Joseph Carson (73530.2350@CompuServe.COM)
09 Dec 96 22:28:53 EST
The situation at the Millstone 3 Nuclear Power Plants is the most
significant in America commercial nuclear power since Three Mile Island.
The utility management established a culture in which any worker who
believed his duty required him/her to report a safety concern, realized that
they were likely ending their career. There are literally thousands of
violations of the NRC license at these plants, as thousands of more or less
"ad hoc" changes were made to plant systems without updating the design
documents that comprise part of the NRC license. The bottom line is rather
base - greed on part of utility in cutting costs at expense of safety, fear
on part of employees in voicing concerns.
Paul Galatis, the engineer whose story at Millstone was the cover story of
TIME magazine last March, is a dedicated Christian who integrated his
"whistleblowing" with his Christian beliefs in placing his responsibility to
public safety above his "nice house and car."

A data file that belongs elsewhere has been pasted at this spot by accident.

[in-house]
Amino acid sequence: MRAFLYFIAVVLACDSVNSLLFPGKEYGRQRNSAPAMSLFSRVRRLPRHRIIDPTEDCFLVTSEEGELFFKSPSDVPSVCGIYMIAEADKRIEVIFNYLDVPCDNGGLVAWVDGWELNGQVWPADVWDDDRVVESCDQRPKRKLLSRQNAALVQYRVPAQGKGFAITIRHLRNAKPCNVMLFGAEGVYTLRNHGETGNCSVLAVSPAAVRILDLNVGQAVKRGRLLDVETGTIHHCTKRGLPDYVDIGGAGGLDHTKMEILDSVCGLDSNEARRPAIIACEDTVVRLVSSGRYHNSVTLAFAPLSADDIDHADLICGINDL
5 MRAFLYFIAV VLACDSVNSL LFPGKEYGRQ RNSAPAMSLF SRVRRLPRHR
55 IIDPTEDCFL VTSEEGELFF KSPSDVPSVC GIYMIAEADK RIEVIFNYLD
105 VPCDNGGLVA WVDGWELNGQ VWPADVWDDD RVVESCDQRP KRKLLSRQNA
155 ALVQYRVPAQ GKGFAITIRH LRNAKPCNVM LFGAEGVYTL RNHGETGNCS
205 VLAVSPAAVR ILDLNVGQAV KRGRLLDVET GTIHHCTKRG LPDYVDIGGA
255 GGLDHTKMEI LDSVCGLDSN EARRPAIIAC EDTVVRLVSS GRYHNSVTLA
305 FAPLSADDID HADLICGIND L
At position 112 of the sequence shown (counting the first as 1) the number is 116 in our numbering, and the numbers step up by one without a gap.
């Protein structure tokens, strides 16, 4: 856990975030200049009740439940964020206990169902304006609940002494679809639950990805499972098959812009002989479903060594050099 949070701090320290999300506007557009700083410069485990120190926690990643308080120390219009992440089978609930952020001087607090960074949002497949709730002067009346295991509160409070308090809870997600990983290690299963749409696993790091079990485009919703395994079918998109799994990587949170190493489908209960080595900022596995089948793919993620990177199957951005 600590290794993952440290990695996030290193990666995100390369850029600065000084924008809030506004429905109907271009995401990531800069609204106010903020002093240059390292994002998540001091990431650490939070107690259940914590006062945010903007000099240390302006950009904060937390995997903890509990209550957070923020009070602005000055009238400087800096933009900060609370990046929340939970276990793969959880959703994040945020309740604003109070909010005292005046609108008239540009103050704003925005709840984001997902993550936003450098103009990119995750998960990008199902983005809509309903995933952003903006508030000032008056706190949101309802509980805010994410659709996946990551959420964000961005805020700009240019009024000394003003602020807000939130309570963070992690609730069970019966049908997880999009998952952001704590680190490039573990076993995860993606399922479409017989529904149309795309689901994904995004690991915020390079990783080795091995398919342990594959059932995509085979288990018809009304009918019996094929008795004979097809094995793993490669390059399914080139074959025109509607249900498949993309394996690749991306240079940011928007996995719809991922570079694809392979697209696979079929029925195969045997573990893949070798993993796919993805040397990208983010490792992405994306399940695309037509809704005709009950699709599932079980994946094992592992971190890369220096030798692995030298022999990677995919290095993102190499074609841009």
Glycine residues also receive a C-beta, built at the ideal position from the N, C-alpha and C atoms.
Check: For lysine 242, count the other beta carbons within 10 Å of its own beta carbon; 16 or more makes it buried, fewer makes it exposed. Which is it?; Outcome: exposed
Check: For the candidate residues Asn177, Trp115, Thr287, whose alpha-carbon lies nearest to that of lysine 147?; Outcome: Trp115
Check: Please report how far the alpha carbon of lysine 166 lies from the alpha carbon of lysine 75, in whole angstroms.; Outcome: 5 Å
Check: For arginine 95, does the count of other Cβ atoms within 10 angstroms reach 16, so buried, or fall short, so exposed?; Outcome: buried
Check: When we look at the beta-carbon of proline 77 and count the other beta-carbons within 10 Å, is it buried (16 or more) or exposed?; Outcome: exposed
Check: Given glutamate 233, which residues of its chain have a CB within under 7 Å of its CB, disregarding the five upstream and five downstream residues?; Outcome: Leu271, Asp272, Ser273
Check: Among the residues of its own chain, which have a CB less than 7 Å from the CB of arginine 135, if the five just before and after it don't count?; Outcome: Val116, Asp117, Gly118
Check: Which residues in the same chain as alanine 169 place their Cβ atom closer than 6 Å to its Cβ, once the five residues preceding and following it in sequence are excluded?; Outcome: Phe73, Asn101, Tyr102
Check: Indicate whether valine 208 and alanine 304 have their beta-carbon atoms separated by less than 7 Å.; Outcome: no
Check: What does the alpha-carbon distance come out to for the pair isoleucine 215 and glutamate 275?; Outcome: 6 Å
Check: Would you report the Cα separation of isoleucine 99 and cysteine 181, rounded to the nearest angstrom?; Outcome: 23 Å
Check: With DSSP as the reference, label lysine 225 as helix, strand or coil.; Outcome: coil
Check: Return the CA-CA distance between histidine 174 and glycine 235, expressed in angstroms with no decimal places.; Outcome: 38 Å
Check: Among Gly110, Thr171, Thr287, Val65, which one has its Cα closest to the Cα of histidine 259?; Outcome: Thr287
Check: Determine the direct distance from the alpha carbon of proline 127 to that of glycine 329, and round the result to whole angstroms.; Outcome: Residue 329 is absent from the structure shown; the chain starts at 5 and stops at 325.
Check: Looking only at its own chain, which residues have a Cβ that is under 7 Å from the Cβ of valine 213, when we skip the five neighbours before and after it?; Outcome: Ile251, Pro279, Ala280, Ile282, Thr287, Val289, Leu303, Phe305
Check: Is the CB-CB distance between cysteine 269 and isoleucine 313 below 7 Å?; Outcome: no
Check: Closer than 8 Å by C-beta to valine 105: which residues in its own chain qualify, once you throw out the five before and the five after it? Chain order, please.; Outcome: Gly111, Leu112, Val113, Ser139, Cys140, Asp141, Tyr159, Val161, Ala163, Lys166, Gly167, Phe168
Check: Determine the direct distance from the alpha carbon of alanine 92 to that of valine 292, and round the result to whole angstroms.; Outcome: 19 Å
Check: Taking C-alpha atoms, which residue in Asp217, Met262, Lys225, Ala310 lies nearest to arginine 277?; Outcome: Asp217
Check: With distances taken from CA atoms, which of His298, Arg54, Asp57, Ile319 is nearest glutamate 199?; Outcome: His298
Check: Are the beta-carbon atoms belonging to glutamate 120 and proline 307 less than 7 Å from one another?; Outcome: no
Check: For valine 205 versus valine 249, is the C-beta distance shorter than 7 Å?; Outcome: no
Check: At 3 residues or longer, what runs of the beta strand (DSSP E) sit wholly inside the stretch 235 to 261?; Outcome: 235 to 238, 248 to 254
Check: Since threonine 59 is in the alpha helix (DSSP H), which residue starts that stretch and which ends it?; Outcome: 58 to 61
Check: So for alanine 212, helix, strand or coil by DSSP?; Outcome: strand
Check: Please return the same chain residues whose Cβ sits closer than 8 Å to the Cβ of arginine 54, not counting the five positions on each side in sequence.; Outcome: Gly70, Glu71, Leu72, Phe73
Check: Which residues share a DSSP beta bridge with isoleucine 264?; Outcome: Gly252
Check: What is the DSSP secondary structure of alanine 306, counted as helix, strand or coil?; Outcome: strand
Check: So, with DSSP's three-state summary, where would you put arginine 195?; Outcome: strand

I take it as a "wake-up" call, other warning of the deliberate exclusion of
Christianity as an overt influence in the engineering profession, even
among professing Christian engineers. I have little doubt that some of the
NRC and utility engineers who "looked the other way" at safety deficiencies
at Millstone one of fear (at least in part) for their economic well-being,
go on short-term missions trips, serve in leadership roles in their
churches, etc. A similar situation exists in the Department of Energy, I
know from first hand experience.
I question whether there was (will be?) even one sermon about a Christian's
workplace and in his/her profession in Southeastern Connecticut connected
with this fiasco. Fiasco is not too strong. The utility has cut its
dividend - hurting many people dependent upon it; electric rates will rise,
more businesses will leave, grow elsewhere, or start-up elsewhere, one of
these plants will not run again, it's likely this will be a domino effect to
other of these plants, dislocating more workers, on and on.